Note: If you have a ball-crazy dog, and your walker’s legs are covered with tennis balls, you may want to remove them or replace those rear walker legs with some other tip-protectors. Most drugstores sell handicap assistance accessories or you can go online to find them. Physical therapy practices can also give you a list of local medical supply stores where alternatives can be purchased.
Whatever Grabs You
Grabbing tools may appear to our dogs as an alien arm with a weird opposable thumb or a threatening weapon. But they are very useful for picking up tissues, clothes, and other personal items from floors or lightweight cooking items and supplies from shelves. I found one to be super helpful for picking up metal dog bowls from the floor, filling them with food, and then replacing them on the floor in my dogs’ eating places – especially after I strained my back and could not bend over without spasms overtaking me.
It’s very important to get used to using one of these tools a few weeks before your surgery, not only to get your furry friends used to it but also so you can develop the habit of using it. It’s so easy to forget your bending restrictions and suddenly lunge over to pick up that food bowl from the floor. If your body gets used to using this tool over a couple of weeks, it will be second nature to you by the time you have to depend on its daily use.
I’m actually talking about the wrought iron fire poker – not the card game! While the grabber is a great tool for picking up many things, it doesn’t do a great job of lifting anything heavy. I have a two-quart flat-backed water bucket outside for my dogs’ additional drinking needs. The grabber can’t lift or maneuver anything that heavy. That is when I spied the little hook extension on my fireplace poker. Voila! It worked perfectly to pick up the bucket so I could re-fill it and put it back down outside. If you don’t have a fireplace poker, an umbrella with a j-style handle will work well, as will the handle of a cane.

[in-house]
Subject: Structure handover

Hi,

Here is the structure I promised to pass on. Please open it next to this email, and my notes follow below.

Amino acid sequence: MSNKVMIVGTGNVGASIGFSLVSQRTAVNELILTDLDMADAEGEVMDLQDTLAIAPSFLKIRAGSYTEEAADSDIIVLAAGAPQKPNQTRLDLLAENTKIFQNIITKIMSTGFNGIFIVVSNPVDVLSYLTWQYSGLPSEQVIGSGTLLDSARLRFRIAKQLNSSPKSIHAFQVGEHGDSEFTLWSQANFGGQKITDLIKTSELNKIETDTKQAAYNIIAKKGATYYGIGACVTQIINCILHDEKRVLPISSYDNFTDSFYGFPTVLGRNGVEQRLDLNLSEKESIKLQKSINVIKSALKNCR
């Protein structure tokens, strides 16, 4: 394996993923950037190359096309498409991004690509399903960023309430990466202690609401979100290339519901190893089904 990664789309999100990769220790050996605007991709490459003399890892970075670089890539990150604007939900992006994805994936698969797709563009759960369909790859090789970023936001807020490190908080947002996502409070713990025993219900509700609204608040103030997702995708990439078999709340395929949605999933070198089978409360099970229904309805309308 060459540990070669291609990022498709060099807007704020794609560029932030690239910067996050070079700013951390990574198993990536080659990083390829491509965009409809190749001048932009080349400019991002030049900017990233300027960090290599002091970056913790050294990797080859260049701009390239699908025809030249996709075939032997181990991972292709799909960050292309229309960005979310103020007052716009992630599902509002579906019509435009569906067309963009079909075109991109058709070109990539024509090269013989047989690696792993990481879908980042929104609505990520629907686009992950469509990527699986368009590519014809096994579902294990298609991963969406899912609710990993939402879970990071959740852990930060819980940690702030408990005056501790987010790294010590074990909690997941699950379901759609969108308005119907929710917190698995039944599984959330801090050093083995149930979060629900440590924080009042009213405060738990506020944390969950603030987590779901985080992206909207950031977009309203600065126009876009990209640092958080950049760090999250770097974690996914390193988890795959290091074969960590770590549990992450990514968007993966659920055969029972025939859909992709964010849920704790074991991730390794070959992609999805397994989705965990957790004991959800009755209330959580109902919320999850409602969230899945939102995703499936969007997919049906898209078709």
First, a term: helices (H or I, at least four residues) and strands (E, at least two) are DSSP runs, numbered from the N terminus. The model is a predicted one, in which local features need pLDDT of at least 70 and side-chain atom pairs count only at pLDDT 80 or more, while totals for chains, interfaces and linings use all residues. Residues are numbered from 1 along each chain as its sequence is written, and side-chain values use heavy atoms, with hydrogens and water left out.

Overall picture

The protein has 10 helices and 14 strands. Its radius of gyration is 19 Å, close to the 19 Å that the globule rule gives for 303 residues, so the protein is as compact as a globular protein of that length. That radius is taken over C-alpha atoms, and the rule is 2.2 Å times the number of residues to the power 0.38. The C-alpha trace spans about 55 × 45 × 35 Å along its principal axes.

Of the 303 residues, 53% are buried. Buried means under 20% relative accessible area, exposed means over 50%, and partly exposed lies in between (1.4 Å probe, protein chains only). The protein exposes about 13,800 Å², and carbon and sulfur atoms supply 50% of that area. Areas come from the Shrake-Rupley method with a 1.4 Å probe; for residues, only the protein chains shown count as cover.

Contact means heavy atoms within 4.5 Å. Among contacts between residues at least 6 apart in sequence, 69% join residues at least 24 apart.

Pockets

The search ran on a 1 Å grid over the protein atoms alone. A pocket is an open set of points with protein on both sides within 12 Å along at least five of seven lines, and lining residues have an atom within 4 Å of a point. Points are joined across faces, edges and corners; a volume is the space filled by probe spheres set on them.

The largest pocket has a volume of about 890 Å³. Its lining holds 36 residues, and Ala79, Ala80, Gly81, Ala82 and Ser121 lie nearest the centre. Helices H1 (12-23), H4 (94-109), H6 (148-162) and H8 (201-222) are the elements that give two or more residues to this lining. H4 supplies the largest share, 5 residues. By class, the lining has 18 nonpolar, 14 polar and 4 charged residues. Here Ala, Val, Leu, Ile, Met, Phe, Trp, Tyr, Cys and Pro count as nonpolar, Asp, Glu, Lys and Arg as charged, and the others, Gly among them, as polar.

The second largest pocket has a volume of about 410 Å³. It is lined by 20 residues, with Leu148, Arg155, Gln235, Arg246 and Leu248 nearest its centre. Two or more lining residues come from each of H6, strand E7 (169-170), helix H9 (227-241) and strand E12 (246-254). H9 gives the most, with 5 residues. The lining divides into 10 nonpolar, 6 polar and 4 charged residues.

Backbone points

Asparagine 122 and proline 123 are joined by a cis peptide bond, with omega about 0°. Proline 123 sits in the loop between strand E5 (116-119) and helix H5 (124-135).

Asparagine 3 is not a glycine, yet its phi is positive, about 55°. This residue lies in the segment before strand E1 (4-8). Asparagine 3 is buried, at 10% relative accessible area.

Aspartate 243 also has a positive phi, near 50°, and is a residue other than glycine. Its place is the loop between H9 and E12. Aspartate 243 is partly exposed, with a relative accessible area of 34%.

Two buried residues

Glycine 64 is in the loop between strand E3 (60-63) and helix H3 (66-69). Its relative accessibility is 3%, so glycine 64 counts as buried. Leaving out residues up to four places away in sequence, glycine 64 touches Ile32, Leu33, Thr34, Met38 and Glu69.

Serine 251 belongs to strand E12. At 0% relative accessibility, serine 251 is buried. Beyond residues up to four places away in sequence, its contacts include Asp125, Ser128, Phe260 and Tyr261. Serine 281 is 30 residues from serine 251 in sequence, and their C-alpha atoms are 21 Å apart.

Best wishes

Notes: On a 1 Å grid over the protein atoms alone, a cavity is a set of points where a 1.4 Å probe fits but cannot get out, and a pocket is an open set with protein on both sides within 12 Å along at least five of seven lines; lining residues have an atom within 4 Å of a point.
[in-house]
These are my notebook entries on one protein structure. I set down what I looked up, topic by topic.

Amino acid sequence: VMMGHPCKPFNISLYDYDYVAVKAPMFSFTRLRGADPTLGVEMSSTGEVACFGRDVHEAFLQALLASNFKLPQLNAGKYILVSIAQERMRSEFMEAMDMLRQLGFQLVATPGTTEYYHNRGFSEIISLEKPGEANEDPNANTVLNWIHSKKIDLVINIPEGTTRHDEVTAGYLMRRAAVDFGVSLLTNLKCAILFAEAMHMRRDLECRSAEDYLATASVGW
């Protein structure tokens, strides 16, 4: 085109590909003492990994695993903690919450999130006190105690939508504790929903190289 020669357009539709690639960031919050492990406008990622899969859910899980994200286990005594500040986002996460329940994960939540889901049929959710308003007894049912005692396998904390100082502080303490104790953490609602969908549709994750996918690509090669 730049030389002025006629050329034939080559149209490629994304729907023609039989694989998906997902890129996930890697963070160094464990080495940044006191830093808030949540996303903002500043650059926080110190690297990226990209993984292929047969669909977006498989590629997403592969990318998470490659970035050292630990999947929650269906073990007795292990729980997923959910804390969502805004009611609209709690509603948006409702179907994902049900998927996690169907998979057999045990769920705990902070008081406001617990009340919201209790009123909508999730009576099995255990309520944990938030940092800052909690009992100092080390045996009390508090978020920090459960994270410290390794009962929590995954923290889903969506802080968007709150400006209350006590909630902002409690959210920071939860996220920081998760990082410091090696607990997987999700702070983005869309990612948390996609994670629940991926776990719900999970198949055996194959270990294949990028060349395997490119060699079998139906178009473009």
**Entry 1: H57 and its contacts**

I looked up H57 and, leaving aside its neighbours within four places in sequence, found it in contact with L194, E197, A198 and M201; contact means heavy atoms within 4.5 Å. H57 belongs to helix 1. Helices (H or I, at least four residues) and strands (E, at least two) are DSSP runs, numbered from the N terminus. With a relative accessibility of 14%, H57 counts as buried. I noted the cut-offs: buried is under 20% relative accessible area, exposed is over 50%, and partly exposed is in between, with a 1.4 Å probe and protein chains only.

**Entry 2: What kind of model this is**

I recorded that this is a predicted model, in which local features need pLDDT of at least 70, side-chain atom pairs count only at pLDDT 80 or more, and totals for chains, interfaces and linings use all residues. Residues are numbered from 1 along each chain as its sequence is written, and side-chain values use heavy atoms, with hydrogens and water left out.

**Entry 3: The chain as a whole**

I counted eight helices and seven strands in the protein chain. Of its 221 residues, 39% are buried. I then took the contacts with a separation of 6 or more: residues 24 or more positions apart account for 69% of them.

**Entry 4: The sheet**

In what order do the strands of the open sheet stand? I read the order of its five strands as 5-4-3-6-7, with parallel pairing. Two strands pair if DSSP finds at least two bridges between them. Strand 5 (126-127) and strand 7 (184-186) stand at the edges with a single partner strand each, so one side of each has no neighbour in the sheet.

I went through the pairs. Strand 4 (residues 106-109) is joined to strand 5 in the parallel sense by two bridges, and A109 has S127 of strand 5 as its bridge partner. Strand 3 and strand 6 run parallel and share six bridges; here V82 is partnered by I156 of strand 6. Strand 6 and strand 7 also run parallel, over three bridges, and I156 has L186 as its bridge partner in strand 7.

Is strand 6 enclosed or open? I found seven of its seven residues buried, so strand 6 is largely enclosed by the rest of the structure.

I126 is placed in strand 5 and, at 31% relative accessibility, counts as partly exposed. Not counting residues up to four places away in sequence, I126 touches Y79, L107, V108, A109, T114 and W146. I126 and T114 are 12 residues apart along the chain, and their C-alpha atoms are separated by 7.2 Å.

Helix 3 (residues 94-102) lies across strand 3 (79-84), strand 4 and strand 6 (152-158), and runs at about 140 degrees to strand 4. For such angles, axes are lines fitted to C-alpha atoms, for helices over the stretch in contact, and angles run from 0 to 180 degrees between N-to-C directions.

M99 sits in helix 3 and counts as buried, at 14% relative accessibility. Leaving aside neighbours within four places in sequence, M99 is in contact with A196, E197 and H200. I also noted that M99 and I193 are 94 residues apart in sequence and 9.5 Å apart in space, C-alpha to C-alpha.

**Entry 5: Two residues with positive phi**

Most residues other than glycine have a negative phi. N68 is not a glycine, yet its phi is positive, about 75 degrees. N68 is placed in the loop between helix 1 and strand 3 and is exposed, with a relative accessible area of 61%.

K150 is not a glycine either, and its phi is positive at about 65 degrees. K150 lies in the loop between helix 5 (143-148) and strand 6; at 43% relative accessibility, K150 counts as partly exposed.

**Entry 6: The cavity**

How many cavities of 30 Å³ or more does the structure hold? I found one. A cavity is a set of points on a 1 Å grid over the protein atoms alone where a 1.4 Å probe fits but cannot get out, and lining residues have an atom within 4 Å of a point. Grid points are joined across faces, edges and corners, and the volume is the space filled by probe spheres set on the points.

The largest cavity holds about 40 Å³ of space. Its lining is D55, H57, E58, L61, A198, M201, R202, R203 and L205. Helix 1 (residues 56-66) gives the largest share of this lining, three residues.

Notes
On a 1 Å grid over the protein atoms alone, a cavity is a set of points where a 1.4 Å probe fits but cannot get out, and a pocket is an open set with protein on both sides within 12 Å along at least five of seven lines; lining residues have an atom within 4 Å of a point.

Yes I “Can”
The food bowl scenario was pretty easy to resolve. Picking up my dogs’ water bowls to clean and then fill presented another challenge. Their usual water bowl was a four-quart stainless steel bowl with sloped sides. There was no way the grabber was going to pick that up so that I could clean it and refill it. One thing that could help was to substitute their other smaller straight-sided stainless steel kennel bowl for their regular one, which solved the problem.
Now, how to fill it? Enter the garden-variety (literally) watering can with narrow spout. The narrow spout is very important. This allows you to stand up fairly straight and just tip your wrist slightly so that the stream of water goes directly down into the water bowl from a height of about 3 feet. This is by far my favorite use of an ordinary household item to solve my daily dog care challenges.
Believe in the Easter Bunny
I found that Easter baskets are the perfect shape and size for carrying dog food bowls, grooming items, or supplements from one area of the house to the other. Long, narrow basket handles are perfect for holding onto while you hold onto your walker arms. Plus, you can carry multiple items at once reducing the need to make many trips from one area of the house to the other end.